Vehicle to Grid Tech in the Smart Garage

Image from RMI SolutionsSay you take the plunge and buy an electric vehicle, be it a neighborhood EV like the Zap Xebra or a supercar like the Tesla Roadster. You tool around all day, and you plug your car in at night to recharge. It only takes a couple hours to fully top up the batteries, though, even when they’re nearly depleted. Soon, you and your electric car can put those idle cycles to work while you sleep.

The Rocky Mountain Institute has published its first “Solutions” journal, which is available as a PDF. In it, they discuss the research conducted by RMI on vehicle-to-grid technology. Electric cars, with their built-in, onboard electricity storage devices (batteries, to you and me) can smooth out the power flow and provide emergency backup power:

The real benefit of electric vehicles is that they bring a new level of stability and control to the grid—including giving power back when it’s needed most (in blackouts or at times of peak demand). By some estimates, a battery-electric vehicle, with about 40 kilowatt-hours of usable energy, could power an entire residential block for over an hour if necessary.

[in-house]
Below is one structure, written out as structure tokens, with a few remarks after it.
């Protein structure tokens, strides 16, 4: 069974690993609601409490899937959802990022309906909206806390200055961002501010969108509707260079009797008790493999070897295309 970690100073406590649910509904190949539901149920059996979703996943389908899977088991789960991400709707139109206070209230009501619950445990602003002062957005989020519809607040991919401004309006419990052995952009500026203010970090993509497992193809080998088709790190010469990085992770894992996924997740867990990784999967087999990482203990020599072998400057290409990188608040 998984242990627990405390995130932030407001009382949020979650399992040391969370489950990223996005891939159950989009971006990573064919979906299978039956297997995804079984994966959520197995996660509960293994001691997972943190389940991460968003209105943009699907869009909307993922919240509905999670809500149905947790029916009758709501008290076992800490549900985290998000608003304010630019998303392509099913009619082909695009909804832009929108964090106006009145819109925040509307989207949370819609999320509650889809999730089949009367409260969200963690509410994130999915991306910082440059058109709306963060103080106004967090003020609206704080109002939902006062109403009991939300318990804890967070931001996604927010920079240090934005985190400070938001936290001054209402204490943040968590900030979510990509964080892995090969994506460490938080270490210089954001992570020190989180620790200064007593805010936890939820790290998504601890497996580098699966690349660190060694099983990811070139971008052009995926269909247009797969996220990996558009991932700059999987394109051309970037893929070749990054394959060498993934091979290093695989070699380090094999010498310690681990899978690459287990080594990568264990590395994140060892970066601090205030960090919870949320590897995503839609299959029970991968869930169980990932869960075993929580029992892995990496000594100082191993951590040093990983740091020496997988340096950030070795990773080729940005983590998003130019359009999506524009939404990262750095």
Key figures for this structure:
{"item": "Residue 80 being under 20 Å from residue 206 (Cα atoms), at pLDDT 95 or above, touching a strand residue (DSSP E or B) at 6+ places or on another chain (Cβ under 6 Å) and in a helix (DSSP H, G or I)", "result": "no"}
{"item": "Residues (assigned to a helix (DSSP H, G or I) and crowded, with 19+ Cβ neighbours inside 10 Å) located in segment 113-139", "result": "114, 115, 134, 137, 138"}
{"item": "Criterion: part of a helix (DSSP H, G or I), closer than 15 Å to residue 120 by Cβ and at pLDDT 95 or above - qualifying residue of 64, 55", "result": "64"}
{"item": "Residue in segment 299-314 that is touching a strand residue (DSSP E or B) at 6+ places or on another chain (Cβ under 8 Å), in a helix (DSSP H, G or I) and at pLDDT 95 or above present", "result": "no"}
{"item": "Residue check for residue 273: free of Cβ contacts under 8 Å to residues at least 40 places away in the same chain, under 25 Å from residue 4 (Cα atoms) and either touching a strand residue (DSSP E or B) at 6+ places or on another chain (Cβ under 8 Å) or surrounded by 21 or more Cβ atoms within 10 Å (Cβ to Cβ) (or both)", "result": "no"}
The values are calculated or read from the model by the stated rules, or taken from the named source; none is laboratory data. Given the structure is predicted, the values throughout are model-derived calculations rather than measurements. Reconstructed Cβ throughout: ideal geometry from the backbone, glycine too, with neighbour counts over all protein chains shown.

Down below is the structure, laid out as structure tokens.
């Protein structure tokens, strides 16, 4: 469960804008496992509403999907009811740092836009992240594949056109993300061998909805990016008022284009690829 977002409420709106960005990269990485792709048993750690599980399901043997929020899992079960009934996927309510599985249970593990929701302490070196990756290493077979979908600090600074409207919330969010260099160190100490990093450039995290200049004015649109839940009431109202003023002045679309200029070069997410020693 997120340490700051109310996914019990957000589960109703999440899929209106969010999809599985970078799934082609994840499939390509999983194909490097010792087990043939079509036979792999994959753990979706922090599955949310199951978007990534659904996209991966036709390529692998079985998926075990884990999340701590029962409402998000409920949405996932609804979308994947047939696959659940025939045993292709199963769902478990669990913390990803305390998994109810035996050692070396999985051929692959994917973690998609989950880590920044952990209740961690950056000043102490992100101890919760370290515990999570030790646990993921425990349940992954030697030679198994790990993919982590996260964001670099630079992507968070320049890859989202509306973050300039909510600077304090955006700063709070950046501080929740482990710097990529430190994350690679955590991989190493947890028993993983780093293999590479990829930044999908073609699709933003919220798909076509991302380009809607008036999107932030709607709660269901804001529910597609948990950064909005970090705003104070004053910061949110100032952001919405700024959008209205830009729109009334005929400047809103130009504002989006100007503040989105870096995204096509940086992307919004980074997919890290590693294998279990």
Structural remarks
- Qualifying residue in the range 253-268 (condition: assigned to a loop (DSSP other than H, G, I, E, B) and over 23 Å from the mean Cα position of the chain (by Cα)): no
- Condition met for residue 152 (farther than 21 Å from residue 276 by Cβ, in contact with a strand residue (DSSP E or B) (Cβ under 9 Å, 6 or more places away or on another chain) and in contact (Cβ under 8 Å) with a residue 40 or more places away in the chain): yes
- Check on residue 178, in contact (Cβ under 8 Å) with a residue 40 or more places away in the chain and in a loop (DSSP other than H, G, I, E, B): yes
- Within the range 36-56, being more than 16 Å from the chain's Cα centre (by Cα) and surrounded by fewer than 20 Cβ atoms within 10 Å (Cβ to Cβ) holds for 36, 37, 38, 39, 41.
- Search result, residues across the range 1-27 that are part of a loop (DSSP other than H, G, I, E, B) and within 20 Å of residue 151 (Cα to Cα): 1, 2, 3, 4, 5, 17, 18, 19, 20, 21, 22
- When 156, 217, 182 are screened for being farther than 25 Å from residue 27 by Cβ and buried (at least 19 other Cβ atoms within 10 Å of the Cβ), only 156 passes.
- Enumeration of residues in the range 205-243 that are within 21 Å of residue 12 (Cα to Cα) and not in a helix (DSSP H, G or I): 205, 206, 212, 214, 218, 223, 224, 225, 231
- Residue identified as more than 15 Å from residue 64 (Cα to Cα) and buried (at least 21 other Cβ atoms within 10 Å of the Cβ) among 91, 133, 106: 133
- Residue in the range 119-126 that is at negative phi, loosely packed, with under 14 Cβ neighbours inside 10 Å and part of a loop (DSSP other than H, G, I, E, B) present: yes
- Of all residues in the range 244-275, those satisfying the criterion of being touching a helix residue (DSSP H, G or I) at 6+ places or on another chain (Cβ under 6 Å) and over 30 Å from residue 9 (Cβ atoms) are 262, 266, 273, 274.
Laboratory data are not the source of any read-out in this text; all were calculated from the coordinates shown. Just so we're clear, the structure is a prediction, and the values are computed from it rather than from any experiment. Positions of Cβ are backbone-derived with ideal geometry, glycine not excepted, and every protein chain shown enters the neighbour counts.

During the 17 years that RMI conducted its V2G research, the grid in the U.S. became robust enough to handle this kind of power exchange. But RMI went further and imagined what they call a “smart grid” that can communicate with homeowners about, say, when electricity is in high demand and therefore more expensive.

There are also serious benefits, both economic and ecological, to getting more solar and wind power onto a smart grid — the reduction in carbon dioxide emissions alone would be significant. To see how all this plays out in the real world, keep an eye on the pilot project in Boulder, Colorado.

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